Worthy of particular praise is Michael Gazzo as Frank Pentangeli. You’d imagine that in a drama as dry as the Godfather that there wouldn’t be much room for comedy but Gazzo proves us all wrong with his affable Pentangeli. He’s a mafioso with a sense of humour and whereas everyone else restrains themselves, Pentangeli is passionate and expressive. It makes his character an interesting foil to Michael and the other mafia characters and with Gazzo’s sense of humour, we are able to identify with Frank and his histrionic ways even as he calls for the deaths of his competitors. It was a pleasure to have his moments of brevity mixed in with the more serious elements of the film’s story.
Occasionally, I must admit, the story feels like it slows down for the sake of letting their characters breath. For me, I enjoyed the naturalistic tone and dialogue but a lot of this films action is conducted through talking. I found the characters to be compelling enough to watch without too much of a fuss but for an audience member who might not be able to enjoy characters sitting down and discussing the finer points of criminal politicking. I am nitpicking here but I think it’s reasonable to say that if you weren’t a fan of the original film, you’re not gonna find much here that will endear to you either.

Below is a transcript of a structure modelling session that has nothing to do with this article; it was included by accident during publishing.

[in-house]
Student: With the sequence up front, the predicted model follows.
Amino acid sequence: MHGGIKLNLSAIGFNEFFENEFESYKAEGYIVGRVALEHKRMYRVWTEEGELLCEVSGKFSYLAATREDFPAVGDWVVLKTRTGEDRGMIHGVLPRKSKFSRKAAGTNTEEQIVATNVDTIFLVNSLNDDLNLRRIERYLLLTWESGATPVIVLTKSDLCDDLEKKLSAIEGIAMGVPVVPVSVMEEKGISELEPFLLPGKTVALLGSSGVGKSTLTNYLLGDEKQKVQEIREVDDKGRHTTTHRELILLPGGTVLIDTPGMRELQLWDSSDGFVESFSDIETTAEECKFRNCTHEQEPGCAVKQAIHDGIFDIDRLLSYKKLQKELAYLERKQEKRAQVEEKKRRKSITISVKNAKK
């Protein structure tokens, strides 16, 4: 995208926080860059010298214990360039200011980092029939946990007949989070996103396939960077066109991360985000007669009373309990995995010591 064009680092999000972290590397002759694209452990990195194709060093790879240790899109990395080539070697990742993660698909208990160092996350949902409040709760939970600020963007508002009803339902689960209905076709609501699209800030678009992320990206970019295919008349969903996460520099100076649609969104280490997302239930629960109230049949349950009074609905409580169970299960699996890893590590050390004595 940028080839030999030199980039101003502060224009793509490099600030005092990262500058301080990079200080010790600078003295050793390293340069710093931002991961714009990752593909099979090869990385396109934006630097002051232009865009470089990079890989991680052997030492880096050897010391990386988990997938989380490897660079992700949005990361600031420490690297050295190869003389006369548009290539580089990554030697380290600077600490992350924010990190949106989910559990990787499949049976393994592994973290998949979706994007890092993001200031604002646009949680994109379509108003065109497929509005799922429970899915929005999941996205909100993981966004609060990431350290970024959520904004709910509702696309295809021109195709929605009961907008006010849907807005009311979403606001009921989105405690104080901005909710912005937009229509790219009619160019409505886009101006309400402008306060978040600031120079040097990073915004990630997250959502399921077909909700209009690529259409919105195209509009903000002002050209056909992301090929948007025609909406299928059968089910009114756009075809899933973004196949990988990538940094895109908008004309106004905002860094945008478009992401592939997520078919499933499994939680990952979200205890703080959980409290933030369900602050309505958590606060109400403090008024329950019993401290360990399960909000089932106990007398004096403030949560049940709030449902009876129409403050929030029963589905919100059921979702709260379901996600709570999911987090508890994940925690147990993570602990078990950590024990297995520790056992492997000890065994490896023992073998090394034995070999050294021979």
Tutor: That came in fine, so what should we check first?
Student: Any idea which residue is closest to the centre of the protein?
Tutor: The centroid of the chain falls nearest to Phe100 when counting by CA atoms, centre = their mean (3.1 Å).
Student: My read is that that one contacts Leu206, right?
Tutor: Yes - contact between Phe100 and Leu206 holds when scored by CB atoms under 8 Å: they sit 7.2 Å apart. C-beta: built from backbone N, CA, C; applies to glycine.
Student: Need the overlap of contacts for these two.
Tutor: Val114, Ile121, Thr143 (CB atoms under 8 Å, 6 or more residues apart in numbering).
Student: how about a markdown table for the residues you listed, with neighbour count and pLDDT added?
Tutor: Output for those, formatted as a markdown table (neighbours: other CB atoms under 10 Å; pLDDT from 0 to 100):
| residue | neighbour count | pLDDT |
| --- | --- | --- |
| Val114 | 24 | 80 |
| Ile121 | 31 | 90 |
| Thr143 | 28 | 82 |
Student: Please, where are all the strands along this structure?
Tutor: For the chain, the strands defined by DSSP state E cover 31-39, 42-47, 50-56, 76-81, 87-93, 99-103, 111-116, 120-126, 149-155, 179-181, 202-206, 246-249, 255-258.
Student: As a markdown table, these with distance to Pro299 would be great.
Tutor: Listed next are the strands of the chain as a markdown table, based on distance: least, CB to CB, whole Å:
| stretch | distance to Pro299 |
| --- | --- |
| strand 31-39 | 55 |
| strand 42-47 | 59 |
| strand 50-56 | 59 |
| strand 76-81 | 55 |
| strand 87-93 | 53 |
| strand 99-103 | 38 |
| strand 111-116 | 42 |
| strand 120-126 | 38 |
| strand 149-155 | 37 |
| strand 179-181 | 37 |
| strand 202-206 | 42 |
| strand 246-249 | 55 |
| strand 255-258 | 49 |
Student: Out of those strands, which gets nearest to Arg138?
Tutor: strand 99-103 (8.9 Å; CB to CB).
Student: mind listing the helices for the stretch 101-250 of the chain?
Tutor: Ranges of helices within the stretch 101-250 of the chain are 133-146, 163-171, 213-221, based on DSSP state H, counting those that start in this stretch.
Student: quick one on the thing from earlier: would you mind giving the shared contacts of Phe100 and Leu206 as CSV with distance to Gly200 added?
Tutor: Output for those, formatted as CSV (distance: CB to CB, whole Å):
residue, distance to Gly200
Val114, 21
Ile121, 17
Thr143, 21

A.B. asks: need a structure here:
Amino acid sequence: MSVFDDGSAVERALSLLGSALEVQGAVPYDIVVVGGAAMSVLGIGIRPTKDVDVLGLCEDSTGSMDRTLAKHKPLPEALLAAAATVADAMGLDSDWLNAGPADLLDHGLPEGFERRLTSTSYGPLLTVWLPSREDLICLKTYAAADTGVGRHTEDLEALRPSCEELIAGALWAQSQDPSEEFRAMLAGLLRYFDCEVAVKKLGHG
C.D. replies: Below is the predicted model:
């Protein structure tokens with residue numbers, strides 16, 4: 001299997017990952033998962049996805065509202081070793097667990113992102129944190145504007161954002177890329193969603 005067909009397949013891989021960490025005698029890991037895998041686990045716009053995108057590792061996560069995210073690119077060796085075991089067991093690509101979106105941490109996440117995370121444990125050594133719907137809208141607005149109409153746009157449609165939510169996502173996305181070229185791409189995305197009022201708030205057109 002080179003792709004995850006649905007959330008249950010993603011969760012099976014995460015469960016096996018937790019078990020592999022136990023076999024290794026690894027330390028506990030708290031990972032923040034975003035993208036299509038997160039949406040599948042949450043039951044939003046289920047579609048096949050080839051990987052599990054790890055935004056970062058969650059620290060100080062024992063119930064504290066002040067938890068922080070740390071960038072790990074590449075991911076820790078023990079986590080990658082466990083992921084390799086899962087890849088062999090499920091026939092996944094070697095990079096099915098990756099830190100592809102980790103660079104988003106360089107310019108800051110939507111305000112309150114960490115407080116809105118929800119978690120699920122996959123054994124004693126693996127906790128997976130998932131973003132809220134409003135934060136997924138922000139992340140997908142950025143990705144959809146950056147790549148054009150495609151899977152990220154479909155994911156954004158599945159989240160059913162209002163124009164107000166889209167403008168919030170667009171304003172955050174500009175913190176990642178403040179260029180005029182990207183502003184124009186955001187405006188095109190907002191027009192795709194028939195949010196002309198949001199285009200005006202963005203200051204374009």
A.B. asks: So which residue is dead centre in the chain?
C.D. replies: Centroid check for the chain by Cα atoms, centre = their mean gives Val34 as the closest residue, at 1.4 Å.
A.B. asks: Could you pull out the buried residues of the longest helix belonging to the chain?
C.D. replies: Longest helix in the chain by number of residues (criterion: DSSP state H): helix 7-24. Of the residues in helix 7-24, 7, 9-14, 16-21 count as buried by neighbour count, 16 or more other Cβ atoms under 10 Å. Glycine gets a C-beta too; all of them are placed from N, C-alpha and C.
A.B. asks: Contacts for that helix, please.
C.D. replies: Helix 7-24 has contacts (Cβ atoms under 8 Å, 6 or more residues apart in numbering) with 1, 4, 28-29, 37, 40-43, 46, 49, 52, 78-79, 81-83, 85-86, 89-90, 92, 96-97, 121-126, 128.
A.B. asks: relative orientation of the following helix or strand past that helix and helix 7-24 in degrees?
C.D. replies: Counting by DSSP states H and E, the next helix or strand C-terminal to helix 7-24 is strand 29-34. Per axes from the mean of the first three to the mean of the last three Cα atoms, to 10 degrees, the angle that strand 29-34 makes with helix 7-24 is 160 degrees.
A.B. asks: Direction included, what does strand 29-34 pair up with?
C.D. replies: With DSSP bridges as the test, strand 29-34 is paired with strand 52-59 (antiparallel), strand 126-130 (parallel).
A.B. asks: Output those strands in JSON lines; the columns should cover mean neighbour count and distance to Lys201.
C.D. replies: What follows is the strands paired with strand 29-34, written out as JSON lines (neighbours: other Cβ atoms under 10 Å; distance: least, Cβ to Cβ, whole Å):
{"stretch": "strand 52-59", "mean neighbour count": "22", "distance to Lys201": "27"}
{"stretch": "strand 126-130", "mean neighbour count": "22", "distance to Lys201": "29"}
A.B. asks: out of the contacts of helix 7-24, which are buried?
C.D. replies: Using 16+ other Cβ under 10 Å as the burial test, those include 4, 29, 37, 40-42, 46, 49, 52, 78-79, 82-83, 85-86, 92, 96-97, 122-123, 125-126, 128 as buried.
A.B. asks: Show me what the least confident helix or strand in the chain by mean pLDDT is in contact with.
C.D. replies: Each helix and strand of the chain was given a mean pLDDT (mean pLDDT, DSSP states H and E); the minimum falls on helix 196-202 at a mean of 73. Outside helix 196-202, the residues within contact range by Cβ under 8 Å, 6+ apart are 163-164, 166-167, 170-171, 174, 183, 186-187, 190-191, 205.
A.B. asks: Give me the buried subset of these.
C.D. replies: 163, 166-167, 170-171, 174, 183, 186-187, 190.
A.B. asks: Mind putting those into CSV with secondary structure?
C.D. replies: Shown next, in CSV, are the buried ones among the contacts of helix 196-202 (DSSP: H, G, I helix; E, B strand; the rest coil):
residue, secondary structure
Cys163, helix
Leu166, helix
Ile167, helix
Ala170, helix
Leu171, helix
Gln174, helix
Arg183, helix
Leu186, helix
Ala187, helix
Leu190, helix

Visuals & Audio
A strong aspect of the Godfather series is how understated the entire film’s aesthetic is. There isn’t too much tricky camerawork or visual effects to really comment upon. Everything is shot with a restrained use of camera angles and cuts with a preference for longer, lingering shots. It gives the film a sense of understated realism which makes the action and characters all the more believable. The one effect I did notice was the sepia tinge added to the scenes set back in the past of Vito Corleone. It gives the flashback scenes to the past a subtle reinforcement as a venture into history.
The film’s soundtrack is similarly restrained with few elements of the soundscape being present non-diegetically. The film’s soundtrack, when it does kick in, is generally quite muted and restrained with only a couple of instruments playing at any given time. It’s sparse and restrained use means it is even more effective when the music does swell to elevate the emotional impact of the action. The film only indulges us in the big, sweeping orchestral movements during the film’s subtle and restrained climaxes. In conjunction with the restrain shown throughout the film’s composition, it reinforces this strong sense of realism.
I very much enjoyed this film and can highly recommend it as both an example of a sequel done right and as a fine piece of moviemaking as well. It’s story is great a contrast between the rags to riches rise and the political intrigue of each of the eponymous godfathers. The contrasting stories serve as excellent bookends to the events of the first film and help to add more dimension the characters we already knew. The visuals and sound design are incredibly restrained to enhance the sense of realism and ground the plot. Ultimately this is a damn near perfect film and I find that it improves on the greatness on the original in every measure. Kudos to Coppola for his direction and kudos to In the House for screening this cinematic masterpiece once more!